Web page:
BEST SELLING AUTOMOBILES
Best selling automobiles are those passenger cars and light trucks which, since the introduction of the Benz Patent Motorwagen in 1886, can lay claim to being the highest selling vehicles in the markets they compete in.
While references to verify the manufacturers’ claims have been included, there is always the possibility of inaccuracy or hyperbole. Also note that a single vehicle can be sold concurrently under several nameplates in different markets, as with for example the Nissan Sunny; in such circumstances manufacturers often provide only cumulative units sold figures for all models. As a result, there is no definitive standard for measuring units sold; Volkswagen has claimed its Beetle as the bestselling car in history as it did not substantially change throughout its production run.By contrast, Toyota has applied the Corolla nameplate to 11 generations since 1966, which have sold over 40 million through July 2013
Four cars have been widely acknowledged as the “bestselling automobile in the world” since Ford built its millionth Model T on December 10, 1915. The Model T itself remained the highest seller until forty five years after production ceased in 1927. On February 17, 1972 Volkswagen claimed that the Ford had been superseded by the Beetle, when the 15,007,034th was manufactured. Although The Model T has subsequently been credited with 16.5 million units sold, this anomaly is moot in light of the Beetle reaching 21 million.
The Beetle remained the bestselling vehicle until the late 1990s, when it was itself overtaken by the Toyota Corolla.However, this was an example of the modern practice of applying a brand name across a range of vehicles, and retaining it for marketing purposes even as the car changes. While the first Corolla in 1966 was rear wheel drive and rode on a 2286 mm wheelbase, the current front wheel drive versions share a 2600 mm wheelbase and use a mechanically unrelated platform. The Beetle’s overall design, both aesthetically and mechanically, changed so little over the course of its 65-year run that it’s possible to mount a 1936 body on a 2003 chassis or vice versa.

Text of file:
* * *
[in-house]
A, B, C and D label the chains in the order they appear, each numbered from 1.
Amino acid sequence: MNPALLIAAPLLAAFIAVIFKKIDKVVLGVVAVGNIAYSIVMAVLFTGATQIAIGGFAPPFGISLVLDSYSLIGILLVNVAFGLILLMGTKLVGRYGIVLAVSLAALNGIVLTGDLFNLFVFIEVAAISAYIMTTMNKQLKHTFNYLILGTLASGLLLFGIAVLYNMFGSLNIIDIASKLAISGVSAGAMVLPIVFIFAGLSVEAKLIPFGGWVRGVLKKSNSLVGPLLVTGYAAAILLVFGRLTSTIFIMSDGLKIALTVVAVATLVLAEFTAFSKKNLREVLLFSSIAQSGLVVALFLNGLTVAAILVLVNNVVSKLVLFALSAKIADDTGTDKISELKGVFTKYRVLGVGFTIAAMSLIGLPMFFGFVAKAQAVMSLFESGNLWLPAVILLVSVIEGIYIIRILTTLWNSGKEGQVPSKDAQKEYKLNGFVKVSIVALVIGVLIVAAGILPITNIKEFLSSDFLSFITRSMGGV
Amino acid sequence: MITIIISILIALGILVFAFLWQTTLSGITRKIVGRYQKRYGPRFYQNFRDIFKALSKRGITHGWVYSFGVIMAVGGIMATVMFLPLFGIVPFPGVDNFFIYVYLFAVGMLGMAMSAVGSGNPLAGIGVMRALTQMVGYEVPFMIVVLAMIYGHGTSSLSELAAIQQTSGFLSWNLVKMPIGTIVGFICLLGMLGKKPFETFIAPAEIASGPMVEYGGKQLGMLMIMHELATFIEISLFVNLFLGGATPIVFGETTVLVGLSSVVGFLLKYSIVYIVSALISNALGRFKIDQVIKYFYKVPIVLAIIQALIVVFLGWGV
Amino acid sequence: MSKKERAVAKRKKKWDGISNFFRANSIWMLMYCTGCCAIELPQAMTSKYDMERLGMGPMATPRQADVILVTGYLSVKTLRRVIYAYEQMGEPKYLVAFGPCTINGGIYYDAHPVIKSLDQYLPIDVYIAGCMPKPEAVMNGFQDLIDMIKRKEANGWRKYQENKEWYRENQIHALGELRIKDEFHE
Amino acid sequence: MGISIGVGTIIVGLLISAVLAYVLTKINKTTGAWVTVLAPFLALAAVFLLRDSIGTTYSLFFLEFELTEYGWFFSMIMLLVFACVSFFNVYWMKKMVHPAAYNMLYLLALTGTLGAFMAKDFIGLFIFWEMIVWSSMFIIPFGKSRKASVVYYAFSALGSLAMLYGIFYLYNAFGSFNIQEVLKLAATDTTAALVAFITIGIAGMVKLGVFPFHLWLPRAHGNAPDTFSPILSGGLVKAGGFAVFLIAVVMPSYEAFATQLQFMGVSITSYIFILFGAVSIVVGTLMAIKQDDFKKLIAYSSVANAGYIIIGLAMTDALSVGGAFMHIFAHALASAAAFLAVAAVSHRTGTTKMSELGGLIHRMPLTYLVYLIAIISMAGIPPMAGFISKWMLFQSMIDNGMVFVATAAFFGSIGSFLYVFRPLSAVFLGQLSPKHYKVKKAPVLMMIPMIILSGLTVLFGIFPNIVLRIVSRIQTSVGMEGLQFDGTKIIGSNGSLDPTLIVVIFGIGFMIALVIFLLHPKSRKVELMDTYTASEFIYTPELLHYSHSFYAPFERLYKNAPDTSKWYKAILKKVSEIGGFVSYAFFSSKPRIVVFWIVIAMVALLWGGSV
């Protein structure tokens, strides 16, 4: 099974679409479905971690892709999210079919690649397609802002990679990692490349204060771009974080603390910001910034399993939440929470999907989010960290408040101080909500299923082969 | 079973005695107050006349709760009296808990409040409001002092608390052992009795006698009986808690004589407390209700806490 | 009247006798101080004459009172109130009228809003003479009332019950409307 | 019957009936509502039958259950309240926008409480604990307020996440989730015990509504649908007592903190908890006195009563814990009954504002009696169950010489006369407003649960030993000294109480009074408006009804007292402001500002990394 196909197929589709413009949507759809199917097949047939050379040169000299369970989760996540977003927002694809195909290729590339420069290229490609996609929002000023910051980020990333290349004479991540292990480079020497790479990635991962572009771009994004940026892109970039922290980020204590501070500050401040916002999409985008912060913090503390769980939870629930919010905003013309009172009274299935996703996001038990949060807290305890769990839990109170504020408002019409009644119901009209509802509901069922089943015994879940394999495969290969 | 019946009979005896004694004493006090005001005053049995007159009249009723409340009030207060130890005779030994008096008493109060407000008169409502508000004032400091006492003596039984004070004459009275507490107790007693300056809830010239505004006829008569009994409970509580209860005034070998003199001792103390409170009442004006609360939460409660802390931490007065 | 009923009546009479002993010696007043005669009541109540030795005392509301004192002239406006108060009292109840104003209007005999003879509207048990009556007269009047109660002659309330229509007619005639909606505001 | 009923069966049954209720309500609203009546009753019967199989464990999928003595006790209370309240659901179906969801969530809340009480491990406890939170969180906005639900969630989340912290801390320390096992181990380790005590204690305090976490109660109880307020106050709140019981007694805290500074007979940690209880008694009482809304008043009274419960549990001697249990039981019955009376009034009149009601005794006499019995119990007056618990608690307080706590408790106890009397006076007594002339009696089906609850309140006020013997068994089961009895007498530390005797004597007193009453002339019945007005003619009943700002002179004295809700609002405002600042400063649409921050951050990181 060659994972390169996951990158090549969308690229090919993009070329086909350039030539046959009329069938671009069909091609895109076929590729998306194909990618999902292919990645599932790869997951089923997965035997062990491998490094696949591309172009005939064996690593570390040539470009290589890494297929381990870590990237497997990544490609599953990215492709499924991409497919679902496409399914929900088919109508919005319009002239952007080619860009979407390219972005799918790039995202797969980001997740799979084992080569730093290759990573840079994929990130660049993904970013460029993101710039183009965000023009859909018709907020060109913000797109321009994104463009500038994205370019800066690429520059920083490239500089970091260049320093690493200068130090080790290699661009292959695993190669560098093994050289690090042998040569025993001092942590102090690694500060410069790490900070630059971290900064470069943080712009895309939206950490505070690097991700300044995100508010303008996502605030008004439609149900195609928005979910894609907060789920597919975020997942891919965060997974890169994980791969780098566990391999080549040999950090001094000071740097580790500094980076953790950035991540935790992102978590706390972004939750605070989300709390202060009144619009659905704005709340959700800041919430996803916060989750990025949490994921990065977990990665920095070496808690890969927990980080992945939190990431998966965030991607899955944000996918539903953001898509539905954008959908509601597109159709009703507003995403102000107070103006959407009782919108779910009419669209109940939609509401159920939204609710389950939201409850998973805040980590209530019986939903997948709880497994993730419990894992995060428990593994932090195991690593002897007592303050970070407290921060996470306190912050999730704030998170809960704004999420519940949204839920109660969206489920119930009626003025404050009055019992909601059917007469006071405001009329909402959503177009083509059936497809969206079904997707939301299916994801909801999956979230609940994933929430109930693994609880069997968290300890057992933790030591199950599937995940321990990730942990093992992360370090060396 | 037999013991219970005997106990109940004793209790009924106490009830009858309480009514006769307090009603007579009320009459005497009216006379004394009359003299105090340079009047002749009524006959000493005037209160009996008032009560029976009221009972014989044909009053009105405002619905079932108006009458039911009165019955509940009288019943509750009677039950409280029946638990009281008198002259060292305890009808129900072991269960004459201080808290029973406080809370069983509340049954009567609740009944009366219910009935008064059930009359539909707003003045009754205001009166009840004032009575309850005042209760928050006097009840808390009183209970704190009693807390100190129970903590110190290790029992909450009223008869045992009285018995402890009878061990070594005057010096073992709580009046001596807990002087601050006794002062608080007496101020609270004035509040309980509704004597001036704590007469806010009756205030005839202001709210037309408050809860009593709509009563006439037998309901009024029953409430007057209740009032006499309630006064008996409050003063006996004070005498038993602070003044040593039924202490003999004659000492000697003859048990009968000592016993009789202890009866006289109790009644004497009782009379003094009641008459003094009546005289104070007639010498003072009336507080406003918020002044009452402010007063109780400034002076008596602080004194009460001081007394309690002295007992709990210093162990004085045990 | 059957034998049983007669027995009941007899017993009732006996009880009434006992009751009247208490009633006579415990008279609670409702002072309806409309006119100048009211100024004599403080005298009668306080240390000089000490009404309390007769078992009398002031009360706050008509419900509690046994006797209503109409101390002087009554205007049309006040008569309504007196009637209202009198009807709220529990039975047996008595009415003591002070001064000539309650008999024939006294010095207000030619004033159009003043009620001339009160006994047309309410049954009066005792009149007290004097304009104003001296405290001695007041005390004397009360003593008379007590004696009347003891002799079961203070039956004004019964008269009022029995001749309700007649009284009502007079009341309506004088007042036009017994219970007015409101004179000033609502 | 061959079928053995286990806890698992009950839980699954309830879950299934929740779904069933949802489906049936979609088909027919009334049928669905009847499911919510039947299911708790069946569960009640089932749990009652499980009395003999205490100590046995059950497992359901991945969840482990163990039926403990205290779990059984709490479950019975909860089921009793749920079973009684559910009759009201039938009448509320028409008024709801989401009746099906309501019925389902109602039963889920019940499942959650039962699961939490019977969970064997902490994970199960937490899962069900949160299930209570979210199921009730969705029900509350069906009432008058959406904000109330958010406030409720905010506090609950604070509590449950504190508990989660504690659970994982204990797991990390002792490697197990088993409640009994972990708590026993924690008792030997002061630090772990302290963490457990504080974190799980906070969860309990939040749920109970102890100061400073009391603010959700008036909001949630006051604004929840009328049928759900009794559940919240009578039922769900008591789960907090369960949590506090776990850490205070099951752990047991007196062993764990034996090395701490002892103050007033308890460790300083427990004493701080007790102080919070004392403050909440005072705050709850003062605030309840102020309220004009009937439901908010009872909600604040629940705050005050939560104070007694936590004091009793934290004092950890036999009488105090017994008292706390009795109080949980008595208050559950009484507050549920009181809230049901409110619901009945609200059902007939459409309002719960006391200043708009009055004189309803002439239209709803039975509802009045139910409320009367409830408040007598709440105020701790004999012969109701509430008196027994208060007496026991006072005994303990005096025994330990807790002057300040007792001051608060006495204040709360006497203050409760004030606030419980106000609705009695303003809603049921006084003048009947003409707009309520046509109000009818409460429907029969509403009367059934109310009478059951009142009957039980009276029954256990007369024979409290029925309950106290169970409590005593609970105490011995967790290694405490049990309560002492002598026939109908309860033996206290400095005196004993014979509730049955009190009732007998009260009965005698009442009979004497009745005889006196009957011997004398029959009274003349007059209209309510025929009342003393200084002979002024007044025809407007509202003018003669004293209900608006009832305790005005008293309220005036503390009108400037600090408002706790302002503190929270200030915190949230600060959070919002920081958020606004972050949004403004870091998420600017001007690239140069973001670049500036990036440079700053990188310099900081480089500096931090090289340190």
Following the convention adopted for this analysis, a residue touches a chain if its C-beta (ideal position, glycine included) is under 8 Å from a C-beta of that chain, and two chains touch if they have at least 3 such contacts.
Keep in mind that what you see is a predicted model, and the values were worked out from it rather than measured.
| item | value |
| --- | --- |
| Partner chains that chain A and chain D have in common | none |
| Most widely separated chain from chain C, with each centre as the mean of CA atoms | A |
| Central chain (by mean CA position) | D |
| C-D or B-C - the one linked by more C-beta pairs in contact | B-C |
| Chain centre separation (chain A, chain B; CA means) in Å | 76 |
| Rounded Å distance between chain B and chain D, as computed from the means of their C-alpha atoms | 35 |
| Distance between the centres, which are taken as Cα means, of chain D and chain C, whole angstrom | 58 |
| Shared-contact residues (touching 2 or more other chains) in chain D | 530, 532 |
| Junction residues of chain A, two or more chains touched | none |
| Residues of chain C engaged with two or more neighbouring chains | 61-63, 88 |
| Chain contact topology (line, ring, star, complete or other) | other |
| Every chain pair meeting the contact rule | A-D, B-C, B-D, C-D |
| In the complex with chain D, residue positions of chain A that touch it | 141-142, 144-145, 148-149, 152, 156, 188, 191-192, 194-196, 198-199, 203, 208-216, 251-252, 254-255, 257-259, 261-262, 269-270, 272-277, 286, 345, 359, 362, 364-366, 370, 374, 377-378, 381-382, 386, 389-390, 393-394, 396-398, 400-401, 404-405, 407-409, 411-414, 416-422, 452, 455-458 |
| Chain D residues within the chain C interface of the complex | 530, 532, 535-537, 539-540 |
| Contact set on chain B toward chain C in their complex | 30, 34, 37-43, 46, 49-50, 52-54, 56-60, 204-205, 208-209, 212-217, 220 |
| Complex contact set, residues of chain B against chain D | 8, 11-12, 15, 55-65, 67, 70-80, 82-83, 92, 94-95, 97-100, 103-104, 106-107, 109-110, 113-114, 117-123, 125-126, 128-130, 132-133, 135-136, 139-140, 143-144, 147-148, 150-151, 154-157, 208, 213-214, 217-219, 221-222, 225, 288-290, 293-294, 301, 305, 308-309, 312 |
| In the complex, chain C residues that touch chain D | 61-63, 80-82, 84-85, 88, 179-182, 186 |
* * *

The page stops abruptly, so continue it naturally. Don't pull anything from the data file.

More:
The original model Lada produced by AvtoVAZ of Russia, is the most numerous vehicle ever marketed without any major design change during its production history, with over 20 million units sold between 1970 and mid-2012. The Lada, sometimes known as the “Classic” in the West, was originally based on the 1960s Fiat 124 but mechanically upgraded to cope with poor roads and harsh climates. Between 1970 and 1979, some 5 million cars had been produced. These were badged as the 2101 (1200 sedan), 2102 (1200 estate), 2103 (quad headlights, higher-spec. interior than 1200), 2106 (improved 2103). Between 1980 and 2012 over 15 million more Ladas were produced, and these were badged for various export markets such as Rivas (UK), Signets (Canada), and Novas (Germany). The car was also built under licence in several countries (production figures unknown). Although various updates were made to the car’s bumpers, steering columns and interior fittings, as well as other minor mechanical improvements throughout its production life, the basic design remained unchanged.